Characterization of a Vigorous sucking style in early infancy and its predictive value for weight gain and eating behaviors at 12 months.
This study sought to identify sucking profiles among healthy, full-term infants and assess their predictive value for future weight gain and eating behaviors. Pressure waves of infant sucking were captured during a typical feeding at age 4 months and quantified via 14 metrics. Anthropometry was measured at 4 and 12 months, and eating behaviors were measured by parent report via the Children's Eating Behavior Questionnaire-Toddler (CEBQ-T) at 12 months. Sucking profiles were created using a clustering approach on the pressure wave metrics, and utility of these profiles was assessed for predicting which infants will have weight-for-age (WFA) percentile changes from ages 4-12 months that exceed thresholds of 5, 10, and 15 percentiles, and for estimating each CEBQ-T subscale score. Among 114 infants, three sucking profiles were identified: Vigorous (51%), Capable (28%), and Leisurely (21%). Sucking profiles were found to improve estimation of change in WFA from 4 to 12 months and 12-month maternal-reported eating behaviors above infant sex, race/ethnicity, birthweight, gestational age, and pre-pregnancy body mass index alone. Infants with a Vigorous sucking profile gained significantly more weight during the study period than infants with a Leisurely profile. Infant sucking characteristics may aid in predicting which infants may be at greater risk of obesity, and therefore sucking profiles deserve more investigation.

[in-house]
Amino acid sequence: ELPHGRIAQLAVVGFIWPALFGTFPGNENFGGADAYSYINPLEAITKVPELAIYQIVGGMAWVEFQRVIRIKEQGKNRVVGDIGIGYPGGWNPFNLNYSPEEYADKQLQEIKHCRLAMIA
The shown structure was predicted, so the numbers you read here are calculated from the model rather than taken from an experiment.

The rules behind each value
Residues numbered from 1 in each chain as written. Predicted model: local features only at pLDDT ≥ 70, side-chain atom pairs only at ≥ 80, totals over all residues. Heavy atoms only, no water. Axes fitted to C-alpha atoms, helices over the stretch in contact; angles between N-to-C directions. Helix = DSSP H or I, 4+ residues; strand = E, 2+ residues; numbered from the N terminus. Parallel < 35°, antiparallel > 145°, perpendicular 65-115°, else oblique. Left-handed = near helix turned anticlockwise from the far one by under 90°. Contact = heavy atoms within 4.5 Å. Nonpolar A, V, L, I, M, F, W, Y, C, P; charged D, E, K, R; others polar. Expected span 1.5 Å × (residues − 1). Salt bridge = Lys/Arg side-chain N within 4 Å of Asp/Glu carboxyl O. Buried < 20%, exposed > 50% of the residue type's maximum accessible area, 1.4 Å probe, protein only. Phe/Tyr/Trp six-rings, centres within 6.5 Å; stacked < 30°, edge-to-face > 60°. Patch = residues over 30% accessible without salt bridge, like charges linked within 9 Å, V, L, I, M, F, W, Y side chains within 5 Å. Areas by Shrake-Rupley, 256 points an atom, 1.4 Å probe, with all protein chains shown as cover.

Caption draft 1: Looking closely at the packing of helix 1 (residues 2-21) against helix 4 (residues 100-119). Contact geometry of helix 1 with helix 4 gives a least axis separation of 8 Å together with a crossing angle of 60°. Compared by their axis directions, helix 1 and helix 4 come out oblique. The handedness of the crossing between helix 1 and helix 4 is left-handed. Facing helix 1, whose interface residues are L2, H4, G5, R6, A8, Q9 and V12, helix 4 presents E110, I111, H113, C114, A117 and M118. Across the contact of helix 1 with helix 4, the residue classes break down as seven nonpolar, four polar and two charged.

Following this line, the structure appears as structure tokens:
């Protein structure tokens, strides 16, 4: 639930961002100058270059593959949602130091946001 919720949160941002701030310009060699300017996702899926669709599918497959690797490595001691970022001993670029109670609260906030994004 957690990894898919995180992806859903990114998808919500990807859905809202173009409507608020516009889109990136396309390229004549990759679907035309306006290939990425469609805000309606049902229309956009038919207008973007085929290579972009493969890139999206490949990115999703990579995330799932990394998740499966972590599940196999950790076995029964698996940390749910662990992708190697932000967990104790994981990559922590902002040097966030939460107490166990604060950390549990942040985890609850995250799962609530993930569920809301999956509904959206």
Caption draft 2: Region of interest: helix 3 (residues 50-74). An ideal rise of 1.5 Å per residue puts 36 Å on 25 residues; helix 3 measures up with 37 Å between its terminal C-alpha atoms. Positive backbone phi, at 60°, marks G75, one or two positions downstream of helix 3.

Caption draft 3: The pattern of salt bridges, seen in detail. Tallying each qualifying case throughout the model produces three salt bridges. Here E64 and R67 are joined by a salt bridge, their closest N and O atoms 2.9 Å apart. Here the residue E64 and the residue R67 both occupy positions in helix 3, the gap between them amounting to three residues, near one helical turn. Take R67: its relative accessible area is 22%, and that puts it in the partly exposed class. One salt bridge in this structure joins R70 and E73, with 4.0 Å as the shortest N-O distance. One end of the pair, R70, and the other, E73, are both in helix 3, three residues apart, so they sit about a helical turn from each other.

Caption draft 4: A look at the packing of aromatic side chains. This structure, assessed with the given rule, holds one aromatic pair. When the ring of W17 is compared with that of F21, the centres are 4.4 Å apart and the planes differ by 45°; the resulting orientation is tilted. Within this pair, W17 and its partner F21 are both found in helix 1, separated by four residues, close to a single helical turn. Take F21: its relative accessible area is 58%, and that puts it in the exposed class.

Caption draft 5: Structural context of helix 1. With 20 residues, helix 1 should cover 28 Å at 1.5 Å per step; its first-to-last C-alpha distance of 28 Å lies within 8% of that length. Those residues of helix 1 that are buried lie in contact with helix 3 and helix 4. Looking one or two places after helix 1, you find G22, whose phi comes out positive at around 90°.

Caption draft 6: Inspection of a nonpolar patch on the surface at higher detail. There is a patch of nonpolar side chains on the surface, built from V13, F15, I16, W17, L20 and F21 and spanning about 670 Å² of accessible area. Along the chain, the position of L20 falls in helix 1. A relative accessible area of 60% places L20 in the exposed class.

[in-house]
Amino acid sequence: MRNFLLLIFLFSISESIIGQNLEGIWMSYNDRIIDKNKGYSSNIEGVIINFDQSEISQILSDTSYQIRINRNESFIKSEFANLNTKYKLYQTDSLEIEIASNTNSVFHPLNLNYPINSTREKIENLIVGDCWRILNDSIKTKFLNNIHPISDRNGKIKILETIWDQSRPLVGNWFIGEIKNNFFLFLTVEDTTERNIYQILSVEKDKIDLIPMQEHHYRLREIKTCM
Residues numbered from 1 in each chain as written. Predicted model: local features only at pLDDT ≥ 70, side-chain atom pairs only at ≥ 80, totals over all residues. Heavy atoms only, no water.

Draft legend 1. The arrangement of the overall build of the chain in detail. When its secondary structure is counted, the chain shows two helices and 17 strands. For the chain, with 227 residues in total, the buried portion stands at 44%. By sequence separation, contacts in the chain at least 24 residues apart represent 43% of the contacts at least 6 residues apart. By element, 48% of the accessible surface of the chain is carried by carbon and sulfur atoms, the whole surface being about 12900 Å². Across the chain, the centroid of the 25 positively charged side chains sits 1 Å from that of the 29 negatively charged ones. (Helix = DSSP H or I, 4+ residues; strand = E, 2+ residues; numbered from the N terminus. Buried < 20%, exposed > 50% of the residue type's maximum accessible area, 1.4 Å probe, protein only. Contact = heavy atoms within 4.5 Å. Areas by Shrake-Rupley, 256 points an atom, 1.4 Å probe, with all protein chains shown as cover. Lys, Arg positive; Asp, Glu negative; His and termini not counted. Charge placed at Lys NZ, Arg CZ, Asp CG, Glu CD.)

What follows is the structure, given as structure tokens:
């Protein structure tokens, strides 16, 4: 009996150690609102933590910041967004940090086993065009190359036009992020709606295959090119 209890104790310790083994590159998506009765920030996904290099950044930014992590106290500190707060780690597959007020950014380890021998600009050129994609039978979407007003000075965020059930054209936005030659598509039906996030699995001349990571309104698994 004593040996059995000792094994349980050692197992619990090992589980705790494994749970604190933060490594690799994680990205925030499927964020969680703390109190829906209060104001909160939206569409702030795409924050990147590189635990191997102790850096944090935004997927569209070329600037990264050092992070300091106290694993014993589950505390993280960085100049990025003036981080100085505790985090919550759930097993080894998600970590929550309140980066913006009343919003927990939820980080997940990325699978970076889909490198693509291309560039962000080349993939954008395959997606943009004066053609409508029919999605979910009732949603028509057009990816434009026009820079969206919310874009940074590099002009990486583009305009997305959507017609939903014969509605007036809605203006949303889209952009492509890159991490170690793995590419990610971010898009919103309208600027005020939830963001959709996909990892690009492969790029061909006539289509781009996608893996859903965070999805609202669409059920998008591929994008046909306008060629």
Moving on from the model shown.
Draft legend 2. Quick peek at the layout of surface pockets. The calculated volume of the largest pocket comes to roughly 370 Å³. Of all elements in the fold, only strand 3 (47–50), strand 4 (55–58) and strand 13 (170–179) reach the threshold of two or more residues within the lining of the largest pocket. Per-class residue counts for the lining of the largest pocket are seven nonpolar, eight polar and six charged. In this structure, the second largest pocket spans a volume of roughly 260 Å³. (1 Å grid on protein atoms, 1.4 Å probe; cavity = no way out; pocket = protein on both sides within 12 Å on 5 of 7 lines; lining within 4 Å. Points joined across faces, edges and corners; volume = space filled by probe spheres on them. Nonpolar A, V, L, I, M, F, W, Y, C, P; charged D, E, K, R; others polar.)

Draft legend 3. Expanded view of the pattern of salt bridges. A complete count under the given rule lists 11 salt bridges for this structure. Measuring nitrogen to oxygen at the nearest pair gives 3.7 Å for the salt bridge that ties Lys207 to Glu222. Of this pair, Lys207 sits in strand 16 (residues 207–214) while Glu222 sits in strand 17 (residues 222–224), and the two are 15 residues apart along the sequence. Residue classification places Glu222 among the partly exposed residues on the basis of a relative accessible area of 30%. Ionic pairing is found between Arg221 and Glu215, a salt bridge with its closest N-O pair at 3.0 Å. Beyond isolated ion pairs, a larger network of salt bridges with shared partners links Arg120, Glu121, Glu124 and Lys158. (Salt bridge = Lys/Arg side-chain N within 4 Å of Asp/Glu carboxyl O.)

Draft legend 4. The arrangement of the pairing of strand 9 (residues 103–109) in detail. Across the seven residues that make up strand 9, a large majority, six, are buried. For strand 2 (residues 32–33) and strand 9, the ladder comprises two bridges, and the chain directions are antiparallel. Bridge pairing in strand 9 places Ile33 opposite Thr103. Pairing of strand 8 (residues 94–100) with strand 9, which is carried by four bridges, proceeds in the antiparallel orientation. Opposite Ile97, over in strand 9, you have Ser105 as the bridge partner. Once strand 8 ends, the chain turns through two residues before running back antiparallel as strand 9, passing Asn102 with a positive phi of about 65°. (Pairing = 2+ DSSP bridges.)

Female; Pregnancy; Infant; Humans; Feeding Behavior; Eating; Weight Gain; Obesity; Body Mass Index
Eating behavior; Infant weight gain; Obesity; Sucking
Feldman K, Asta K, Gearhardt AN, et al. Characterization of a Vigorous sucking style in early infancy and its predictive value for weight gain and eating behaviors at 12 months. Appetite. 2023;185:106525. doi:10.1016/j.appet.2023.106525